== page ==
Sunday, November 20, 2016

348. Happiness


Oh no. It was C.W. as “The Galilean” again. I thought maybe if I ignored him, he would go away, or change shapes. I puffed on my cigar and stared at the geese on the pond.

No such luck. “Hey, I’m talkin’ to you. What are you doing?”

“Nothing,” I said. “Just relaxing.”

“Why alone?”

“I like solitude,” I said, though I knew he didn’t take hints. After an awkward silence, I looked at him. He was in his “serious” robe, the one with the purple band and tassels. I looked closer. In one hand, he was carrying a bottle of single malt scotch whisky. The label pronounced it 12 years old. The other hand held two glasses. That got my attention. “But welcome ... sit,” I said.

He plopped into a chair and laid the bottle and glasses on a table between us. We sat in the back yard of the farm, taking advantage of a warm fall day. He uncorked the bottle and poured two-fingers into each glass. He took a small sip, nodded approval and slid the other glass to me. He straightened his robe, leaned back, surveyed the view, and spoke. “Where’s the wife?”

That caught me in mid-sip and I almost spewed out the precious liquid. Somehow, I managed to get it down. “You,” I said, “have a lot of nerve asking where my wife is.”

“Why,” he said, “what did I do?” He sipped and gave me his “Falloonian dumbass” look.

“She heard what you said.”

“When I said what?”

I gave him my “Do you really think I’m that stupid?’ look. “When I passed the word to you that she wished you would take off your shoes, knock them together, and get the mud off them before you enter the house.”

“She said that?”

“She said that.”

“And I said?”

I shook my head, not believing what I heard. “You said, if I recall it exactly, ‘that’s a lot of effort just to please some grumpy old broad,’ and she heard you.”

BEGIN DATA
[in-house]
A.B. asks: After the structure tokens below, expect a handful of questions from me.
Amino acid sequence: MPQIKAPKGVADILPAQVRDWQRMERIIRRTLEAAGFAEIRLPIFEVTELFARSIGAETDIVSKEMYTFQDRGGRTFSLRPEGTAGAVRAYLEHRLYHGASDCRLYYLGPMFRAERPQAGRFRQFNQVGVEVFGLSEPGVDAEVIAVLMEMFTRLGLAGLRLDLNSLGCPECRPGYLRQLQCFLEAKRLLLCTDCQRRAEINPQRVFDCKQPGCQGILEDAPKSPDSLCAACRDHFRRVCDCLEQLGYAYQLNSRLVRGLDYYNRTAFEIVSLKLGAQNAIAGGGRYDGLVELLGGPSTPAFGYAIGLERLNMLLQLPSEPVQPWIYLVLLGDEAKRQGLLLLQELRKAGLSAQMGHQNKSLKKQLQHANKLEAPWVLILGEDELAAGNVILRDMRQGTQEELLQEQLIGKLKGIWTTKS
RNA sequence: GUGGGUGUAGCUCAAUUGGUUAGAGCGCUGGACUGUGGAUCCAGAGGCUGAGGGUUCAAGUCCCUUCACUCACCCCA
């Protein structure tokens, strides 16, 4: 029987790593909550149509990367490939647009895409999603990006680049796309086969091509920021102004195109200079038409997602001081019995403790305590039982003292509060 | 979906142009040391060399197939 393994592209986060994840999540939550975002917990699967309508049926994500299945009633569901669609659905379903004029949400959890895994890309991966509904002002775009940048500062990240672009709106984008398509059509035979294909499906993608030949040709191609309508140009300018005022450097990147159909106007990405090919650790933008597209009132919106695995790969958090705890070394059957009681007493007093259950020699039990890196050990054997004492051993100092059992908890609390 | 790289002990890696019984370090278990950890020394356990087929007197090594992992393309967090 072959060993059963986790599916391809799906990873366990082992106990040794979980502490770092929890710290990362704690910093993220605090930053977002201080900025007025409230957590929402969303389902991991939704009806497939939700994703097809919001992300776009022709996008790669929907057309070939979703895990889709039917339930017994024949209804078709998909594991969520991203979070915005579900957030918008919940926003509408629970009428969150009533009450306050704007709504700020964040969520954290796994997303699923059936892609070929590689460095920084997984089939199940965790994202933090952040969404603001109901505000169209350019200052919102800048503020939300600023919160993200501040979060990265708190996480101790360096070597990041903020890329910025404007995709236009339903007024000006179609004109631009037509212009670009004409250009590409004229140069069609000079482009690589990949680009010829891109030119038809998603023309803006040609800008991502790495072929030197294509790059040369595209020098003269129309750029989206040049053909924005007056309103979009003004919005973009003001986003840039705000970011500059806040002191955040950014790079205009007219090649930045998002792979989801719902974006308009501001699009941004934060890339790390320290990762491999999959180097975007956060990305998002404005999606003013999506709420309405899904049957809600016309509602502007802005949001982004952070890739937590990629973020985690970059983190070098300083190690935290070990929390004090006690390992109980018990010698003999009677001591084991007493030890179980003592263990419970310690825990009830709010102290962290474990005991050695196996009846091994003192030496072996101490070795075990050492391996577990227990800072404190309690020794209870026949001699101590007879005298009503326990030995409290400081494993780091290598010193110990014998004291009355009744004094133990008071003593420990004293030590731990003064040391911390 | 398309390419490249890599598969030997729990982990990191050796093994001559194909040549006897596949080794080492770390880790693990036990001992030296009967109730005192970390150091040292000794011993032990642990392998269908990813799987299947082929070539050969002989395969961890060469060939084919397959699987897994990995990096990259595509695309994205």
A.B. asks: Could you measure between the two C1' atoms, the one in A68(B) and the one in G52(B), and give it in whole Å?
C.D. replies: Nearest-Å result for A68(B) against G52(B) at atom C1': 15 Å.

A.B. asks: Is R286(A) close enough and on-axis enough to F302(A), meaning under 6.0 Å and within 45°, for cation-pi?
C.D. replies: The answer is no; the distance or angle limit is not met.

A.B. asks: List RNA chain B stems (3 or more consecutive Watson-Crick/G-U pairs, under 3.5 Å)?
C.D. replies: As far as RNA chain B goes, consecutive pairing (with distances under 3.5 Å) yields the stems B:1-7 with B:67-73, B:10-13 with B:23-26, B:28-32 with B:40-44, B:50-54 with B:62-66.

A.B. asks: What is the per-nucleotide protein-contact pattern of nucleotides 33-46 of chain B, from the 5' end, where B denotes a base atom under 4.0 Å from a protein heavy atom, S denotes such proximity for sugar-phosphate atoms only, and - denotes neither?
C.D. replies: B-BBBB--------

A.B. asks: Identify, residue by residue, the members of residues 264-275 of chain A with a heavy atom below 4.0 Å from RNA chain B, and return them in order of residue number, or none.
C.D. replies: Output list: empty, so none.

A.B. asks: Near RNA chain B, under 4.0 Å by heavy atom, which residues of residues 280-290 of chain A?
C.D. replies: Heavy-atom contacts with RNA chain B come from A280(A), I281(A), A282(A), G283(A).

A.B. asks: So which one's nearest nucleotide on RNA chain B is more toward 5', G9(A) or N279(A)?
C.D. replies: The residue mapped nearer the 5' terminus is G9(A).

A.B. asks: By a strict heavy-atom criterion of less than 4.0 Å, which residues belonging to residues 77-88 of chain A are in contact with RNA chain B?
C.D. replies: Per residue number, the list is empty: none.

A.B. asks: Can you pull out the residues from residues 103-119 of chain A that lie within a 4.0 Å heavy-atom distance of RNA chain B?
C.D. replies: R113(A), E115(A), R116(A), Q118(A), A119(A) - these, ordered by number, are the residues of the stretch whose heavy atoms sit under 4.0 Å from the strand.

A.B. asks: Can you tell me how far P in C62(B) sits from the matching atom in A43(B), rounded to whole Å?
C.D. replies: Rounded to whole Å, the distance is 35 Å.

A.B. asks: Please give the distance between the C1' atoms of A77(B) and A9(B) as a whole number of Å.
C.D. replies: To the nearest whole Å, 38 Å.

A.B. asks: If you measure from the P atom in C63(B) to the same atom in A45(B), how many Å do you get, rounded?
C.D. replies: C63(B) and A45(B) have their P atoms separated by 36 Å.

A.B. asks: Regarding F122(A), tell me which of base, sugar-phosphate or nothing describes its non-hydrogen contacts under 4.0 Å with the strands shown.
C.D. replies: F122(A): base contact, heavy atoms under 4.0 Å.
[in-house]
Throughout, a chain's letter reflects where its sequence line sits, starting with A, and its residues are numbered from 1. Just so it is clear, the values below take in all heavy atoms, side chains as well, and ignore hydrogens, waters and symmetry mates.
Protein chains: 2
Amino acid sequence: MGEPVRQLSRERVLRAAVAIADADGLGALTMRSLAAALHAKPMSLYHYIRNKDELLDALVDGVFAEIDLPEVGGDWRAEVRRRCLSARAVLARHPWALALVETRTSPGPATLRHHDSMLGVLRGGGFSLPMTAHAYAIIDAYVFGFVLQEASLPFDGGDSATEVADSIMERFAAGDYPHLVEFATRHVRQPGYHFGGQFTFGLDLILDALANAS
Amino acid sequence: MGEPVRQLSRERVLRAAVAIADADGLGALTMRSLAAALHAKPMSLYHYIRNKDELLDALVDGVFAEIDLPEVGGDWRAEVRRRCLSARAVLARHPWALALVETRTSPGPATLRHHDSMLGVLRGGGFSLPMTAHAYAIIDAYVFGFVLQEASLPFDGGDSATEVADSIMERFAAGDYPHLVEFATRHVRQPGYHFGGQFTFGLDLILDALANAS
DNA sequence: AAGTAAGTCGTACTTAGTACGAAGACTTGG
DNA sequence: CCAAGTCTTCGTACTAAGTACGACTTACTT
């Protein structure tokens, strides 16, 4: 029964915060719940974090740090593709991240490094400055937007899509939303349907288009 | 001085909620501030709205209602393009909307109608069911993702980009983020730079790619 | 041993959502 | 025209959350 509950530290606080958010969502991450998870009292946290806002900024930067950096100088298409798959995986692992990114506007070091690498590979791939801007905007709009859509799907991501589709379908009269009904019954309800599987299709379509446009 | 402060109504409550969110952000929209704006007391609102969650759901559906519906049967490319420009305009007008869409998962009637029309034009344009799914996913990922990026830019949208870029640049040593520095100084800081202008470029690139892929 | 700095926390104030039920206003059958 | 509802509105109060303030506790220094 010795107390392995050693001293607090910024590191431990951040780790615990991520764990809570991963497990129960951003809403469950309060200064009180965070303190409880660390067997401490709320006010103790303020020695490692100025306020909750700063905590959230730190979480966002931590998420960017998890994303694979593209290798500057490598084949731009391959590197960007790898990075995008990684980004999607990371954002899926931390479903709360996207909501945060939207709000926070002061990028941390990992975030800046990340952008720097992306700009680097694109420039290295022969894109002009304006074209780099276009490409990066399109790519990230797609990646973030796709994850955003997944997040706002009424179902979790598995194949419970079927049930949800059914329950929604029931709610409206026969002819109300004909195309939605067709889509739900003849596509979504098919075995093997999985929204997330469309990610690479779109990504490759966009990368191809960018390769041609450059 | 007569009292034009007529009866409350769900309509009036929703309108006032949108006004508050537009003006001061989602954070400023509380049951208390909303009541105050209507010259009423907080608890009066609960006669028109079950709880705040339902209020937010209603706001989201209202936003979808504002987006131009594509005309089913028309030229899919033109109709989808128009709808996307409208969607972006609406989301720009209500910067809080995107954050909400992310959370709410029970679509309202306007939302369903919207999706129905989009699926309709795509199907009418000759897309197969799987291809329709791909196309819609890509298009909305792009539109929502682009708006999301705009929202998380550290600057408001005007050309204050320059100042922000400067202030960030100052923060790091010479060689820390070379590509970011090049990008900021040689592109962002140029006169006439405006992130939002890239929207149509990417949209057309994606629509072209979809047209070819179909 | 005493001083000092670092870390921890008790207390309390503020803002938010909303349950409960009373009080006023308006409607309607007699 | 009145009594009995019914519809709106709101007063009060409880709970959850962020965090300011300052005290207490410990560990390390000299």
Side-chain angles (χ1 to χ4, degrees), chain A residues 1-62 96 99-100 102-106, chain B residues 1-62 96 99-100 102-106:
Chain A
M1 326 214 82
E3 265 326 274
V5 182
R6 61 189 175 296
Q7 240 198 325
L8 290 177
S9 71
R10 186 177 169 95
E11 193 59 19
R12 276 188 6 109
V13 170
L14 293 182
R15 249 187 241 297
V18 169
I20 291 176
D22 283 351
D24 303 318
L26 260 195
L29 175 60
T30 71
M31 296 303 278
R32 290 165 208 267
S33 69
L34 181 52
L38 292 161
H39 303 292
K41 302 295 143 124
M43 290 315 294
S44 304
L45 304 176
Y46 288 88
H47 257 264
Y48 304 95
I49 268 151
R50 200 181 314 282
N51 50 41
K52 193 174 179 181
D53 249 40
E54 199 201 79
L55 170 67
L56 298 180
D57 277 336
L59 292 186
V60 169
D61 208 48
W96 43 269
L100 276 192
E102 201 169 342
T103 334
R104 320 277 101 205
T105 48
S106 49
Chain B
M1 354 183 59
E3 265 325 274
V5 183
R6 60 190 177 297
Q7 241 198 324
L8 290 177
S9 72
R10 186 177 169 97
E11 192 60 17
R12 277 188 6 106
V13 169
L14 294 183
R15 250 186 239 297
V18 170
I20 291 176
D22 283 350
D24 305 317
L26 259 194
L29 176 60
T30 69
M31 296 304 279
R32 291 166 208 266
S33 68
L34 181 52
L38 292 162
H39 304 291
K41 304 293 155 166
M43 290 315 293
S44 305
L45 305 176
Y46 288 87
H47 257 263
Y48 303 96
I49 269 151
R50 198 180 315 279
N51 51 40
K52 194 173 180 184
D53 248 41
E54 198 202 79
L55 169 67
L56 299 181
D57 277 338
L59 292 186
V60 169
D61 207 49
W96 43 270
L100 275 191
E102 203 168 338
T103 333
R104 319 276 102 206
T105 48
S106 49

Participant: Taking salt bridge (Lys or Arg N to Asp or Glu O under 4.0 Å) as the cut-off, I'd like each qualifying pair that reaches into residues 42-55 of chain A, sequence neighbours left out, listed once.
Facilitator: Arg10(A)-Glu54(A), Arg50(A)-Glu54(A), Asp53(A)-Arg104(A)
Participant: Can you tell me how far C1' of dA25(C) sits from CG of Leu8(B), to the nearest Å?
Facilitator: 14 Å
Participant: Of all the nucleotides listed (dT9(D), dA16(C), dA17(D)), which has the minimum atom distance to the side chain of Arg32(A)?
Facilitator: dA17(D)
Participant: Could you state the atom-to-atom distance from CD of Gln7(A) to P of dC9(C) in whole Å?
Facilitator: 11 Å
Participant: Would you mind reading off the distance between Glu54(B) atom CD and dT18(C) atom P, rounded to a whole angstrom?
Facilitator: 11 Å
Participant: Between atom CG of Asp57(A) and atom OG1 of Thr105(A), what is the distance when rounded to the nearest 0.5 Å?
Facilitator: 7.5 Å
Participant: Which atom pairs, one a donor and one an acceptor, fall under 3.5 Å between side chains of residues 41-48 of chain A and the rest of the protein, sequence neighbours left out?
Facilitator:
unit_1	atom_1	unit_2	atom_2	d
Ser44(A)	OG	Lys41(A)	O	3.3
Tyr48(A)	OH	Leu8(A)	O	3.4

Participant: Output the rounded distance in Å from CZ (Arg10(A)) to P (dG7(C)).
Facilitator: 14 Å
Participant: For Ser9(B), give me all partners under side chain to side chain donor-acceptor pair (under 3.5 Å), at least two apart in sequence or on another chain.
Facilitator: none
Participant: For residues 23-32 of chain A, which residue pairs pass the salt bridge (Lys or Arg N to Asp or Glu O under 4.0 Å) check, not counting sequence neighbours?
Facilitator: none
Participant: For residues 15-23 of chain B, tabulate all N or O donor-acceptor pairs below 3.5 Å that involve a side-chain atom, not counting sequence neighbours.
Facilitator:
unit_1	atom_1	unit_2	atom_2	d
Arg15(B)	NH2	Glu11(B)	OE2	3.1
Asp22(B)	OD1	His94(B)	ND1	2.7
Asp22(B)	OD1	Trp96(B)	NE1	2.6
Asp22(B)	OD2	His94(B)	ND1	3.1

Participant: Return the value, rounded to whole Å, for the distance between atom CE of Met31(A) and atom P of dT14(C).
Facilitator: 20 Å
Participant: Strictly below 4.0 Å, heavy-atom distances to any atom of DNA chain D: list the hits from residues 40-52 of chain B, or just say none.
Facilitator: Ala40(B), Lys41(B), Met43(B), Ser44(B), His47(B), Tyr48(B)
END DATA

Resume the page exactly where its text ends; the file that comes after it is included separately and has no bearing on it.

“So?” He raised his glass and I detected a smile.

“We can’t talk like that.”

“Oh yes,” he said. “We can now. Haben Sie nicht gehört? He stopped and stared into space as if he had experienced a pain. I heard a soft, organic “click” and he looked at me. “I mean to say, haven’t you heard?”

“I’ve heard that drinking affects your GUT.”

“My Universal Galactic Translator is fine. What you need to understand is that what your species call ‘political correctness’ is gone, dead, finiskaput.” He drained his glass and poured himself another. After tasting it, he chuckled and said, “There’s a new sheriff in town.” He seemed pleased with himself.

“Not around here, and we don’t call it ‘political correctness.’”

“What do you call it?”


“Well,” he said, after a drink, “I forgive her of course. She’s still our sister-in … in … well … in-Me.”

“I’m sure that will ease her tension,” I said. I took a drink, savored it, and enjoyed my cigar.

“What tension?” he said. “It’s time of great rejoicing. We’re going to show them a thing or two.”

I guess Mrs. Big dope thinks muddy shoes
are as evil as the wrong e-mail account. - C.W.